#484

Monday, December 19th, 2016

In your conlang, /r/ and /l/ should both have a null allomorph when the words they are in get too hot. Yes, even in your conlang, liquids can evaporate.

19th Lexember Word

Monday, December 19th, 2016

aspá [äɕˈpäˑ], transitive (causative) verb: “to put, to place“

Originally posted by artemispanthar

Hey, it’s not so often I manage to work in a GIF of my current favourite cartoon :P.

Interestingly, this verb is simply the regular causative form (albeit one using an old, nowadays non-productive causative suffix) of the verb ás: “to be, to exist“, a verb also used to mark location. In other words, aspá literally means: “to cause to be (in a certain location)“. This is in fact a common characteristic of Haotyétpi: that it does not have a single verb for “to put”, but instead uses the causative forms of various position verbs, depending on the situation. In particular, aspá is only used when putting things on flat, non-enclosed surfaces (the floor of a room does count as “non-enclosed”, by the way).

Like many commonly used verbs, aspá has a plural form, used when the object of the verb is plural: armó.

Kaáspi seásyo aspán mik mare n’ ás?: “Where should I put this?“

19th Lexember Word

Monday, December 19th, 2016

aspá [äɕˈpäˑ], transitive (causative) verb: “to put, to place“

Originally posted by artemispanthar

Hey, it’s not so often I manage to work in a GIF of my current favourite cartoon :P.

Interestingly, this verb is simply the regular causative form (albeit one using an old, nowadays non-productive causative suffix) of the verb ás: “to be, to exist“, a verb also used to mark location. In other words, aspá literally means: “to cause to be (in a certain location)“. This is in fact a common characteristic of Haotyétpi: that it does not have a single verb for “to put”, but instead uses the causative forms of various position verbs, depending on the situation. In particular, aspá is only used when putting things on flat, non-enclosed surfaces (the floor of a room does count as “non-enclosed”, by the way).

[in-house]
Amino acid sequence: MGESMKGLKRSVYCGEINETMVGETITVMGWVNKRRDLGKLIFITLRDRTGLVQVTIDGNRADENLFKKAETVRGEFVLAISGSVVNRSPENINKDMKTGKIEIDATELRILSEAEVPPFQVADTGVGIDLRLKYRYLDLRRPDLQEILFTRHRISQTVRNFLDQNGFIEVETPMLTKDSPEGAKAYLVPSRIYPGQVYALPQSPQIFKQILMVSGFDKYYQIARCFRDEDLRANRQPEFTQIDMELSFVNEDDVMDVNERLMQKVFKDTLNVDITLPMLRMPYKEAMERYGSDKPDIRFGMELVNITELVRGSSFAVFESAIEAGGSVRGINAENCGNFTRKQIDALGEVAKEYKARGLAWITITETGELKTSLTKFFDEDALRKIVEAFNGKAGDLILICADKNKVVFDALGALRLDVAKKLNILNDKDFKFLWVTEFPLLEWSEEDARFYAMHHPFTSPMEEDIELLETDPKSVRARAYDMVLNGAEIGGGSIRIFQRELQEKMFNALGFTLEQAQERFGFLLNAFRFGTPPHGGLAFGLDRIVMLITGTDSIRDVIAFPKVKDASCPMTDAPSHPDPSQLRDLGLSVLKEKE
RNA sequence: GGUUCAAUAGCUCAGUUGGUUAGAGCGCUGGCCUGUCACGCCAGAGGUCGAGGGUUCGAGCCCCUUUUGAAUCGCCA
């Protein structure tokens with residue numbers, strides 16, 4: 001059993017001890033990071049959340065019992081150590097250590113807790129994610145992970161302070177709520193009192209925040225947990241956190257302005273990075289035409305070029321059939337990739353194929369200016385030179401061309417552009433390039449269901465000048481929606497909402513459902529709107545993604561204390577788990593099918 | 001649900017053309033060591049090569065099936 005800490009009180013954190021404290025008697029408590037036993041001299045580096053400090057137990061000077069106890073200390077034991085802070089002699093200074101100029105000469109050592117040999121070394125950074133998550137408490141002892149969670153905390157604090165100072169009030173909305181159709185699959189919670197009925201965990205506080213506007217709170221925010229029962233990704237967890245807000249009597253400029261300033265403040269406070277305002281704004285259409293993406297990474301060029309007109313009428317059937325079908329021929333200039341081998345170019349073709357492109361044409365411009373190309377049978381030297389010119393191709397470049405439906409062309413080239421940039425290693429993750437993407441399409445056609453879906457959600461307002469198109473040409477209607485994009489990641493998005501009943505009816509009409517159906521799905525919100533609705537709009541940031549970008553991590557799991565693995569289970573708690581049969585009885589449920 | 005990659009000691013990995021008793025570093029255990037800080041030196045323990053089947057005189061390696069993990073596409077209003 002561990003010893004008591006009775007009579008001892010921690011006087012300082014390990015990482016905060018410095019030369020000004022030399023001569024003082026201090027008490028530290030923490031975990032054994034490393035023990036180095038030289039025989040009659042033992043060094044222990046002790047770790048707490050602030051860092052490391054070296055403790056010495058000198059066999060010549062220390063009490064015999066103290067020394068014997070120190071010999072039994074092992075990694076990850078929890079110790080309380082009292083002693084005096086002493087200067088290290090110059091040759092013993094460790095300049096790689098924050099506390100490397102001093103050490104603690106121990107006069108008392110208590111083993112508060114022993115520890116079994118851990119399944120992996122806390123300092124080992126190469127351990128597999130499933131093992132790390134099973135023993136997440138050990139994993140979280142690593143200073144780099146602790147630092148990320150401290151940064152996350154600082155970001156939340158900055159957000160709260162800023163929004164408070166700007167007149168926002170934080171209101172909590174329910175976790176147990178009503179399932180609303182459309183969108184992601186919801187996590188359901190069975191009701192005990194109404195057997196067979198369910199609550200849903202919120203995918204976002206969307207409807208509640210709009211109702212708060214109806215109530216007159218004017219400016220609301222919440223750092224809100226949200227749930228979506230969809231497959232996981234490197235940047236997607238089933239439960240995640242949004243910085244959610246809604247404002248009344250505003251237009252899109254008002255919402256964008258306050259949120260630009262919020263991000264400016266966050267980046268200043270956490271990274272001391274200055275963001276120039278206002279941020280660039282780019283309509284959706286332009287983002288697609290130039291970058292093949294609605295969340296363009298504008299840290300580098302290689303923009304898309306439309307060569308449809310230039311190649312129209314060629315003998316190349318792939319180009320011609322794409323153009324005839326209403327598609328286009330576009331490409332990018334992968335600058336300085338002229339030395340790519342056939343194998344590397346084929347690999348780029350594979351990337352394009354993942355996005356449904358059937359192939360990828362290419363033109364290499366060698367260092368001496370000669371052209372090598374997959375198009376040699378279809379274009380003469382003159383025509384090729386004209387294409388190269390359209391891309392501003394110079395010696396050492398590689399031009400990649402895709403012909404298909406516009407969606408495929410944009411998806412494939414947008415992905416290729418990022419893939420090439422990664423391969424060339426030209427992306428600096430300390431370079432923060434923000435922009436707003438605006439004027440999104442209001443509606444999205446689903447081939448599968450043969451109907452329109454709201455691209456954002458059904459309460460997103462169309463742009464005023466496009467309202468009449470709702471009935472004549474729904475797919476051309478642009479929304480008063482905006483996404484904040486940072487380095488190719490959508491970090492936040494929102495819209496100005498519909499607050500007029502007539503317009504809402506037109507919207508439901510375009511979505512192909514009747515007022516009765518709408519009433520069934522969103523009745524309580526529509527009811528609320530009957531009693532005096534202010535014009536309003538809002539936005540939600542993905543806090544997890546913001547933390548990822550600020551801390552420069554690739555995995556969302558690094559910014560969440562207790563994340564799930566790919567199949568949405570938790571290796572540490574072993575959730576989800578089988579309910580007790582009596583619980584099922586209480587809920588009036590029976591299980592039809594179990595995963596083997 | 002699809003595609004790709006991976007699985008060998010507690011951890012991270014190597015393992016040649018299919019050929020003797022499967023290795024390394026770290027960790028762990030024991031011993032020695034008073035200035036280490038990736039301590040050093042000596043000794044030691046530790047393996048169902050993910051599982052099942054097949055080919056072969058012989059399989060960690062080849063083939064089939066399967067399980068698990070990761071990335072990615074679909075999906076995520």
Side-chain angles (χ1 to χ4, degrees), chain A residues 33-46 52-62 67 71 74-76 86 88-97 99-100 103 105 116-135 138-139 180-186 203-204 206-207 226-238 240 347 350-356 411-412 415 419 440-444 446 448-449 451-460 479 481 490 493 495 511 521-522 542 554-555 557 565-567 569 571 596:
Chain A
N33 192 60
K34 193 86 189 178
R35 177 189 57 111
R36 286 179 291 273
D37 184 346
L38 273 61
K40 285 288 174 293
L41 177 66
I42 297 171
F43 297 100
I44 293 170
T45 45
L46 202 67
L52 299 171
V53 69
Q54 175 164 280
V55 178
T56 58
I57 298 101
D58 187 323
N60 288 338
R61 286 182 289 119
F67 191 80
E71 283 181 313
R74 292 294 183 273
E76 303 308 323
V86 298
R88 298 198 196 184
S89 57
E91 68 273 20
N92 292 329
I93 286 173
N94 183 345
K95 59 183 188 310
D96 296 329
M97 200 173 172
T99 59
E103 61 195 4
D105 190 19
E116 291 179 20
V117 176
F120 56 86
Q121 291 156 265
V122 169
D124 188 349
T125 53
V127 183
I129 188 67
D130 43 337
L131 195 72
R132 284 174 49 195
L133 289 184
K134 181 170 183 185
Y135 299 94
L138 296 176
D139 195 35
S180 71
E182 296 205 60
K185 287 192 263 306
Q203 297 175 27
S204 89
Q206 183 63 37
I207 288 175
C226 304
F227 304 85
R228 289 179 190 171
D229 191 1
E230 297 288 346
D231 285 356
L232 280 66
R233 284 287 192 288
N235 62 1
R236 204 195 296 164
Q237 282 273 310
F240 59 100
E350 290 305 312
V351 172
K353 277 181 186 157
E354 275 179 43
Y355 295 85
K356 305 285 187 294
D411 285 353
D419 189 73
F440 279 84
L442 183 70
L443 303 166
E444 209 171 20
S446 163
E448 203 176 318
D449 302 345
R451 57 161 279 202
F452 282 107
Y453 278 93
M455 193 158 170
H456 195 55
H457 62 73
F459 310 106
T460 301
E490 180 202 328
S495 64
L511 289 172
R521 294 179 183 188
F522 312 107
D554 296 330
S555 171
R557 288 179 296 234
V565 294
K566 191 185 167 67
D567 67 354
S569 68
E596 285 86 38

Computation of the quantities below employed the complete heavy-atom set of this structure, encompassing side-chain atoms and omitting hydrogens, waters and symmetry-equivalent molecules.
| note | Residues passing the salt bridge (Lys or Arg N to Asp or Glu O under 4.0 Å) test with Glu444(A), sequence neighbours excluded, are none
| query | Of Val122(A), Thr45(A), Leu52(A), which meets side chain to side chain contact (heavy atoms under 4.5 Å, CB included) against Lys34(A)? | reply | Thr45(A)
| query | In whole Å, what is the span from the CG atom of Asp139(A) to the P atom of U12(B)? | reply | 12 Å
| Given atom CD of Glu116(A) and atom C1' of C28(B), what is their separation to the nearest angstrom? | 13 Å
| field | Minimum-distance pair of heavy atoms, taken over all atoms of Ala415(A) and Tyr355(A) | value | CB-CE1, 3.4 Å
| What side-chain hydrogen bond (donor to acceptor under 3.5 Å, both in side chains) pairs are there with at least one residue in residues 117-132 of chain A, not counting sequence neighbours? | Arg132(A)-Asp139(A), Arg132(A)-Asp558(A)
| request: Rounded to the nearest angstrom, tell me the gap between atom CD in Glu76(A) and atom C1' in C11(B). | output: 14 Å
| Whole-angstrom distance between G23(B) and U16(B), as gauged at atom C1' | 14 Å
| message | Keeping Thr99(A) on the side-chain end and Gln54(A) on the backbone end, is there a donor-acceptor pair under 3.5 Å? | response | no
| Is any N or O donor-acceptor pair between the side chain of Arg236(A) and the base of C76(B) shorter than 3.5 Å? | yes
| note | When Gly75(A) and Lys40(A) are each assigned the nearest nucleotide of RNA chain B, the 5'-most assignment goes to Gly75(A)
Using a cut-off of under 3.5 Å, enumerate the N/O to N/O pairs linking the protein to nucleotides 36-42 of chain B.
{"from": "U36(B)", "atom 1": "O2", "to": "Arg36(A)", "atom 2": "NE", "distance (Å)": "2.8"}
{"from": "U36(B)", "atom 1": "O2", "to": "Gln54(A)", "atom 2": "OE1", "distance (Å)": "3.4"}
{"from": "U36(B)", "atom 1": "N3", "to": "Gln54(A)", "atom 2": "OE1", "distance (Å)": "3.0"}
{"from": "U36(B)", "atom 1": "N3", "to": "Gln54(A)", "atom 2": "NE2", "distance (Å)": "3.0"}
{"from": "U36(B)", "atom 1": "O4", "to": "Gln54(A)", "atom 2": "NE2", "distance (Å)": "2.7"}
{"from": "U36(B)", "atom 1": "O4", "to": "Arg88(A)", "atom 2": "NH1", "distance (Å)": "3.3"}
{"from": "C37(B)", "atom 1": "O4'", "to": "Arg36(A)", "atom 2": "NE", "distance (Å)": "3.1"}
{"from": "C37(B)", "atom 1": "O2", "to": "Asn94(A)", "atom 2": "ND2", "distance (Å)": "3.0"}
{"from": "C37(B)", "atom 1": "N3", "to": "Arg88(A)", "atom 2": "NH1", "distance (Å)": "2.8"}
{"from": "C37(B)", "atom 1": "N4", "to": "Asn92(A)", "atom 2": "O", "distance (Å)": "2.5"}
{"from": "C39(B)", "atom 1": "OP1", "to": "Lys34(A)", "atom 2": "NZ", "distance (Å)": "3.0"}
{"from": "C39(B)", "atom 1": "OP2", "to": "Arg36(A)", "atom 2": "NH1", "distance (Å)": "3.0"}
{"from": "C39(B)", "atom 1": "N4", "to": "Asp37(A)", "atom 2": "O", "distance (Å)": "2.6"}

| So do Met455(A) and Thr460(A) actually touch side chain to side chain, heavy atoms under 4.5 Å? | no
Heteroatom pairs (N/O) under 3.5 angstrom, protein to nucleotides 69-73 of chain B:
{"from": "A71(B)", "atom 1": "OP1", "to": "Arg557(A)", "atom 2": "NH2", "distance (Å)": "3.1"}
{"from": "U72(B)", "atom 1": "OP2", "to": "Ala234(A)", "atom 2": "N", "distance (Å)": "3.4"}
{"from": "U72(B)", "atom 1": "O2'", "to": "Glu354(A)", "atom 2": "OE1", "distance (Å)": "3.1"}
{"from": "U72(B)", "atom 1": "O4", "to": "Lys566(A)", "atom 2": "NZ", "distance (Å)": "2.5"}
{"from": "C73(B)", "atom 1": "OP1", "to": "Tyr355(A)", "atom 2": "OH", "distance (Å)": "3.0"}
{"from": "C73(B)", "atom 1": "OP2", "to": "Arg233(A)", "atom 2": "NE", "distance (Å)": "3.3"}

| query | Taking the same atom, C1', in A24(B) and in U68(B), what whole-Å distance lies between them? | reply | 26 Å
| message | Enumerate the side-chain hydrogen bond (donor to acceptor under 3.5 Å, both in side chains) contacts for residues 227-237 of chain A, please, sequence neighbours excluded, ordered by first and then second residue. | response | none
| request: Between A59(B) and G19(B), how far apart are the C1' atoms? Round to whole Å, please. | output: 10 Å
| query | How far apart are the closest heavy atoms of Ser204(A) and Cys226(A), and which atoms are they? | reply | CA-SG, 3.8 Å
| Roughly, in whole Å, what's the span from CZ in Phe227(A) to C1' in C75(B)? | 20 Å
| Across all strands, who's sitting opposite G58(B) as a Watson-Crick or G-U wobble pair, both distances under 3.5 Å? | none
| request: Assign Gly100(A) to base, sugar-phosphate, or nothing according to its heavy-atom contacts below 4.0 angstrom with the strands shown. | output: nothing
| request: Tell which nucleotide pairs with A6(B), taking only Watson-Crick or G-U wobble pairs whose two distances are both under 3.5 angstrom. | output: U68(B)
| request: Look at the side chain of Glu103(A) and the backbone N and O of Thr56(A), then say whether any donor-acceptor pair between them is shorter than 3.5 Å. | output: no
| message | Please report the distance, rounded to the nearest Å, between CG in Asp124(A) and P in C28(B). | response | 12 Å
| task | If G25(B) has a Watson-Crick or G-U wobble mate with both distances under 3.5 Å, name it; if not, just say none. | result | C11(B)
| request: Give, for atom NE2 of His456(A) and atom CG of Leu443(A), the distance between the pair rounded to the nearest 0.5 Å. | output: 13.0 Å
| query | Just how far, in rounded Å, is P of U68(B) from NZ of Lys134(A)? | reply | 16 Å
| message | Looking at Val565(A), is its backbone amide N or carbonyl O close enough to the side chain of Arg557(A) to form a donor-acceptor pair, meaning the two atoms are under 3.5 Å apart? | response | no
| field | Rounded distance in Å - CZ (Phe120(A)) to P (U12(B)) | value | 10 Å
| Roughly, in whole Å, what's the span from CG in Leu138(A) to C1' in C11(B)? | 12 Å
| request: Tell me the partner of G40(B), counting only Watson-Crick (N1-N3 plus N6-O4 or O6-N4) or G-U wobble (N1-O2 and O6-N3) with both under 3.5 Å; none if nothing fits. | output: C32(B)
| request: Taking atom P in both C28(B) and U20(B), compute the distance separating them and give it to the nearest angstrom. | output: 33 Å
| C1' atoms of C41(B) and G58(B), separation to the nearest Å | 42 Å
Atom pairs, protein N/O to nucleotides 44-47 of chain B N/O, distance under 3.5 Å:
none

Like many commonly used verbs, aspá has a plural form, used when the object of the verb is plural: armó.

Kaáspi seásyo aspán mik mare n’ ás?: “Where should I put this?“

Detail #322: Negativity and Volition

Sunday, December 18th, 2016
Whenever an action is somewhat complicated, performing the action almost never is unintentional. However, when not performing the action, intentionality may vary - you may have forgotten or otherwise failed to carry it out, or you may have decided not to do it at all, and as a third option, you may not have had any intention whatsoever. Thus, for a large number of actions, it seems more likely that conveying volition would be more natural and more necessary in the negative than in the positive.

What ways could such a distinction be encoded? There's a lot of them, really!

One way could be lack of person marking on verbs for the negative whenever volition is lacking; another could be different constructions altogether - something like English or Finnish for volitional negativity, something with just a negative particle for volitionless negativity. Yet another option could be negativity concord on objects and the like with volitional negativity.